So yes, Friday was still low key, but I arrive at a PACKED Head Of Steam Pub next to Huddersfield Station to find an Mike Hind entertaining a crowd in a way that I have learned lately he is SO good at. The pub is shoulder to shoulder, and I struggle to get in. We buy some drinks and listen to Mike through the window. (He is good, he won't mind). A quick word on that, GNUF in 2014 used the same pub but I felt, on looking back, that the performance side was more secondary and it really was a case of it being full of uke players strumming from club song books. That's cool, but I personally thought it needed acts on from the off. I've learned this weekend (as if I didn't know it before) that Mike Hind should be top of that list..
I digress. I am outside listening... Hey, there's Sarah! - so great to see Sarah Maisel again. I've not seen here since I was in Cheltenham some years before, but at that time she was not yet to become engaged to marry one Mr Craig Chee, who was also coming to the festival to perform.
What a nice guy! It kind of figures I suppose. Heck, I KNEW Sarah was a nice person from the first time I met her so why should she hook up with anything less. Here's the thing with Craig / Social media, I'll break it down into simple parts. 1. Hi Craig. 2. Big Hug. 3. Big Smiles 4. Craig takes your photograph..... Craig likes cameras. I like cameras. Good times!
And if the pub wasn't for you, Krabbers was running another open mic session in a local cafe which I am told was a blast!
So without wishing to gloss over the rest ( beer was involved, In reality it became blurry, not glossy), but many, many friends to be met and chatted with then back to the hotel for more chat, strumming and lots of laughs. A GREAT night, that's all that needs to sum this up.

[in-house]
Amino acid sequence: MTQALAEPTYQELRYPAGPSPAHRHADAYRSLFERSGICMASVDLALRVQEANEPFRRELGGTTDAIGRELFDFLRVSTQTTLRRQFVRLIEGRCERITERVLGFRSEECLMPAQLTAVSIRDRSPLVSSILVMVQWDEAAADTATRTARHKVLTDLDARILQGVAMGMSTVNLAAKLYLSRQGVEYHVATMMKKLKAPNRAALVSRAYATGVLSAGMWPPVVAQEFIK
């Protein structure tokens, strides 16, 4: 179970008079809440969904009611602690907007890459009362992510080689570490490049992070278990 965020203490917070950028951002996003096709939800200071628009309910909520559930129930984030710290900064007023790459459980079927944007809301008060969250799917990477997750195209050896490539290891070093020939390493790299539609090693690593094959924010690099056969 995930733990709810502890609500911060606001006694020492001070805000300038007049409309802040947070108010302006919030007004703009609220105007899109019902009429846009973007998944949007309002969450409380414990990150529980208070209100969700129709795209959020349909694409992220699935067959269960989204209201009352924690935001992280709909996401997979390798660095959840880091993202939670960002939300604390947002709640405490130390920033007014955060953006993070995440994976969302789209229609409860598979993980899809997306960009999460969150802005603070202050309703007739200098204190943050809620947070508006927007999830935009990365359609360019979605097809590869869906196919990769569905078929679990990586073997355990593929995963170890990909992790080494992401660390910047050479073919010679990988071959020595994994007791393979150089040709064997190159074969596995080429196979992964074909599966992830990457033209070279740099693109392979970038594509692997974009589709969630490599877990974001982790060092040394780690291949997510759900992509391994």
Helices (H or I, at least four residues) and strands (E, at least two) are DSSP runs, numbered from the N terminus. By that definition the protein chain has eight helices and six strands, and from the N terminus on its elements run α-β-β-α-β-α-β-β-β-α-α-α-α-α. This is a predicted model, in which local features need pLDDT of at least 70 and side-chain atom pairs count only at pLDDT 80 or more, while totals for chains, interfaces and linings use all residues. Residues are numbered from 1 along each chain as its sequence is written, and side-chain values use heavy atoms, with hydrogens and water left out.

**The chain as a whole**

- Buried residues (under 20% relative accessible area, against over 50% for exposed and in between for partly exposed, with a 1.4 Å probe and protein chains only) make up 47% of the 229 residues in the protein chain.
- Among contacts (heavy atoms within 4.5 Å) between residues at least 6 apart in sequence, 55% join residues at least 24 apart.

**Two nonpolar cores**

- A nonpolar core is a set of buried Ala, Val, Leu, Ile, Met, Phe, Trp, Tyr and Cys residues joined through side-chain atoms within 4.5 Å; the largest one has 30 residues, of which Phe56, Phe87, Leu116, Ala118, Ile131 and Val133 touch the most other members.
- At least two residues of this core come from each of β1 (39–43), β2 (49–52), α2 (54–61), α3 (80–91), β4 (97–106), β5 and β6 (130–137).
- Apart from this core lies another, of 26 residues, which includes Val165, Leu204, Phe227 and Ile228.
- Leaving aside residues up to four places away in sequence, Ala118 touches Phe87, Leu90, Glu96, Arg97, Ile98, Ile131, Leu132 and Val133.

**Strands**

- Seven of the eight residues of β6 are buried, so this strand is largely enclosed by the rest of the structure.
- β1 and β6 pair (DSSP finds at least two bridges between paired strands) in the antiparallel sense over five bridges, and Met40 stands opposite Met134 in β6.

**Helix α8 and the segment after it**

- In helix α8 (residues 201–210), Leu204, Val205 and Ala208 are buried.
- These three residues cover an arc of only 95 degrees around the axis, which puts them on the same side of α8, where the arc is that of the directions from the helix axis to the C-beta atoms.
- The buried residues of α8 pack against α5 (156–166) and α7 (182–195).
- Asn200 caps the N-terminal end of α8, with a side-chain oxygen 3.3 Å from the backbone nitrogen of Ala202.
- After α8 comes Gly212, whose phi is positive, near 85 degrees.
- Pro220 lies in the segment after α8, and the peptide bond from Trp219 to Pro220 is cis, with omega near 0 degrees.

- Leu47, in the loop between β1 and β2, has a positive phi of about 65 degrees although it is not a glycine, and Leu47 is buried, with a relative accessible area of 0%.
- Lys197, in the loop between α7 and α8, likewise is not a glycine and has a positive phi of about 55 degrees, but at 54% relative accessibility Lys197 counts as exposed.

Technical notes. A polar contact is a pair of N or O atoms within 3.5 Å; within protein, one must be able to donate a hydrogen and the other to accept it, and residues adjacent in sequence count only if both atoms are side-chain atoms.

Without going in to too many details, this was a fairly fresh faced start for me for once. Friday was indeed a late one, but not quite as debilitating as 2014! Down to the Lawrence Batley Theatre, Huddersfield (the new venue) for the start. A great new venue in my opinion with a fabulous main stage, multiple performance spaces, and courtyard in front in which to congregate, a bar ( TICK!) a great coffee shop (TICK!) and a great feel. A hello to the organising team and more hellos to the performers in the green room then back for some chats to the stall holders in the marketplace. I like arriving early for some chats before the throng arrive. Not picking out favourites but was great to see the teams from Omega Music and Moselele again, as well as seeing Matt Cohen from Noah with a stall (all, I think, long term supporters of GNUF). The Fusion bags team were also back, and this year they had really thrown themselves behind the festival, not only sponsoring artists, but also having a stage named after them.